Why is the ninth month called September?


[guht-er] /ˈgʌt ər/
a channel at the side or in the middle of a road or street, for leading off surface water.
a channel at the eaves or on the roof of a building, for carrying off rain water.
any channel, trough, or the like for carrying off fluid.
a furrow or channel made by running water.
Bowling. a sunken channel on each side of the alley from the line marking the limit of a fair delivery of the ball to the sunken area behind the pins.
the state or abode of those who live in degradation, squalor, etc.:
the language of the gutter.
the white space formed by the inner margins of two facing pages in a bound book, magazine, or newspaper.
verb (used without object)
to flow in streams.
(of a candle) to lose molten wax accumulated in a hollow space around the wick.
(of a lamp or candle flame) to burn low or to be blown so as to be nearly extinguished.
to form gutters, as water does.
verb (used with object)
to make gutters in; channel.
to furnish with a gutter or gutters:
to gutter a new house.
1250-1300; Middle English gutter, goter < Anglo-French goutiere, equivalent to goutte drop (see gout) + -iere, feminine of -ier -er2
Related forms
gutterlike, adjective Unabridged
Based on the Random House Dictionary, © Random House, Inc. 2014.
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Examples for gutter
  • There are two types of gutter systems you can install: aluminum and vinyl.
  • It takes a second, but their minds as much in the gutter as ours are, and it hits home.
  • Set the barrel up next to your gutter and mark where you need to cut to make the downspout flow directly into the inlet hole.
  • They huddle in small groups, cloaks pulled over their heads, in an open gutter.
  • One suggesting that lending a hand to someone in the gutter might be the same as helping a friend.
  • Together they provide a striking testament to how long people have been throwing their garbage into the gutter of this city.
  • Never mind if that gutter is streaming from a cloudburst.
  • Time to finally hold the gutter tabloids accountable for the pollution they produce.
  • Damaged gutter sections should be patched or replaced.
  • Jane would have thought it a descent into the gutter.
British Dictionary definitions for gutter


a channel along the eaves or on the roof of a building, used to collect and carry away rainwater
a channel running along the kerb or the centre of a road to collect and carry away rainwater
a trench running beside a canal lined with clay puddle
either of the two channels running parallel to a tenpin bowling lane
  1. the space between two pages in a forme
  2. the white space between the facing pages of an open book
  3. the space between two columns of type
the space left between stamps on a sheet in order to separate them
(surfing) a dangerous deep channel formed by currents and waves
(Austral) (in gold-mining) the channel of a former watercourse that is now a vein of gold
the gutter, a poverty-stricken, degraded, or criminal environment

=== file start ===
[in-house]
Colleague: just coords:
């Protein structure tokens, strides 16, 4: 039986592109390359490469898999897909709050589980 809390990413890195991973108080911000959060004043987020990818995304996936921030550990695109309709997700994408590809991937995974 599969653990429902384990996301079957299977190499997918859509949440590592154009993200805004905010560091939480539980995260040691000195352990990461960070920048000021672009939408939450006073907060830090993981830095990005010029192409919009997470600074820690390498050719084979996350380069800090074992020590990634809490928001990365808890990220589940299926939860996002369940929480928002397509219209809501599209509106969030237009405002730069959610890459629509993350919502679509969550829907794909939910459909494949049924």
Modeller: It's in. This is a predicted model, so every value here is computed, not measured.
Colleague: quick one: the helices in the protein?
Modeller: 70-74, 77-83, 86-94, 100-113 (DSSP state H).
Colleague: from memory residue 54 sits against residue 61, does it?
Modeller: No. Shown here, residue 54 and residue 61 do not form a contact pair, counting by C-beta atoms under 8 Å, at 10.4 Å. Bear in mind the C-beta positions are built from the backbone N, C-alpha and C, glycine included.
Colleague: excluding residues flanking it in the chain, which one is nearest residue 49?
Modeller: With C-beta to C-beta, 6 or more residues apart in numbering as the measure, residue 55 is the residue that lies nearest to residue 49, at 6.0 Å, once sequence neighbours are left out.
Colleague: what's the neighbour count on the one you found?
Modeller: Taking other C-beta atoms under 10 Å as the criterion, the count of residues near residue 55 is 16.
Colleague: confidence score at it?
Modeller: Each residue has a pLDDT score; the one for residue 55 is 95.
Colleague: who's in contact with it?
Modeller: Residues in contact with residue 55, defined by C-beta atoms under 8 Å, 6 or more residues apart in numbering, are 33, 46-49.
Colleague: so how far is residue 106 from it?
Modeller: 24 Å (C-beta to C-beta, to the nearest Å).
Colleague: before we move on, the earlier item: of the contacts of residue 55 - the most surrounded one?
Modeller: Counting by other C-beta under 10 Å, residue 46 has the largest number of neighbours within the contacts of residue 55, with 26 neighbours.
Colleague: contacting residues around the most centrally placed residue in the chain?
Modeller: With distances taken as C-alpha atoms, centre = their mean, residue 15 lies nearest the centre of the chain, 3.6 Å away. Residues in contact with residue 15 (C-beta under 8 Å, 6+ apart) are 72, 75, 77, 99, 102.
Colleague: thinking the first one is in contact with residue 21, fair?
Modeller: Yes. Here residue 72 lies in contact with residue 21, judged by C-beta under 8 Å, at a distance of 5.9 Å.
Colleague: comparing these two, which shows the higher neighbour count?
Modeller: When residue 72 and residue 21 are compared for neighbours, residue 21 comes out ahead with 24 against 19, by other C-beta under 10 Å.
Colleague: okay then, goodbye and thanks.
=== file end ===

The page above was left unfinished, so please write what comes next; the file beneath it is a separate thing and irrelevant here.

(transitive) to make gutters in
(intransitive) to flow in a stream or rivulet
(intransitive) (of a candle) to melt away by the wax forming channels and running down in drops
(intransitive) (of a flame) to flicker and be about to go out
Derived Forms
gutter-like, adjective
Word Origin
C13: from Anglo-French goutiere, from Old French goute a drop, from Latin gutta
Collins English Dictionary - Complete & Unabridged 2012 Digital Edition
© William Collins Sons & Co. Ltd. 1979, 1986 © HarperCollins
Publishers 1998, 2000, 2003, 2005, 2006, 2007, 2009, 2012
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Word Origin and History for gutter

late 13c., "watercourse, water drainage channel along the side of a street," from Anglo-Norman gotere, from Old French guitere, goutiere (13c., Modern French gouttière) "gutter, spout" (of water), from goute "a drop," from Latin gutta "a drop." Meaning "furrow made by running water" is from 1580s. Meaning "trough under the eaves of a roof to carry off rainwater" is from mid-14c. Figurative sense of "low, profane" is from 1818. In printers' slang, from 1841.


late 14c., "to make or run in channels," from gutter (n.). In reference to candles (1706) it is from the channel that forms on the side as the molten wax flows off. Related: Guttered; guttering.

Online Etymology Dictionary, © 2010 Douglas Harper
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Slang definitions & phrases for gutter



A dive in which one lands flat on the water; belly-whopper (1950s+)

Related Terms

have one's mind in the gutter

The Dictionary of American Slang, Fourth Edition by Barbara Ann Kipfer, PhD. and Robert L. Chapman, Ph.D.
Copyright (C) 2007 by HarperCollins Publishers.
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gutter in the Bible

Heb. tsinnor, (2 Sam. 5:8). This Hebrew word occurs only elsewhere in Ps. 42:7 in the plural, where it is rendered "waterspouts." It denotes some passage through which water passed; a water-course. In Gen. 30:38, 41 the Hebrew word rendered "gutters" is _rahat_, and denotes vessels overflowing with water for cattle (Ex. 2:16); drinking-troughs.

Easton's 1897 Bible Dictionary
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Idioms and Phrases with gutter
The American Heritage® Idioms Dictionary
Copyright © 2002, 2001, 1995 by Houghton Mifflin Company. Published by Houghton Mifflin Company.
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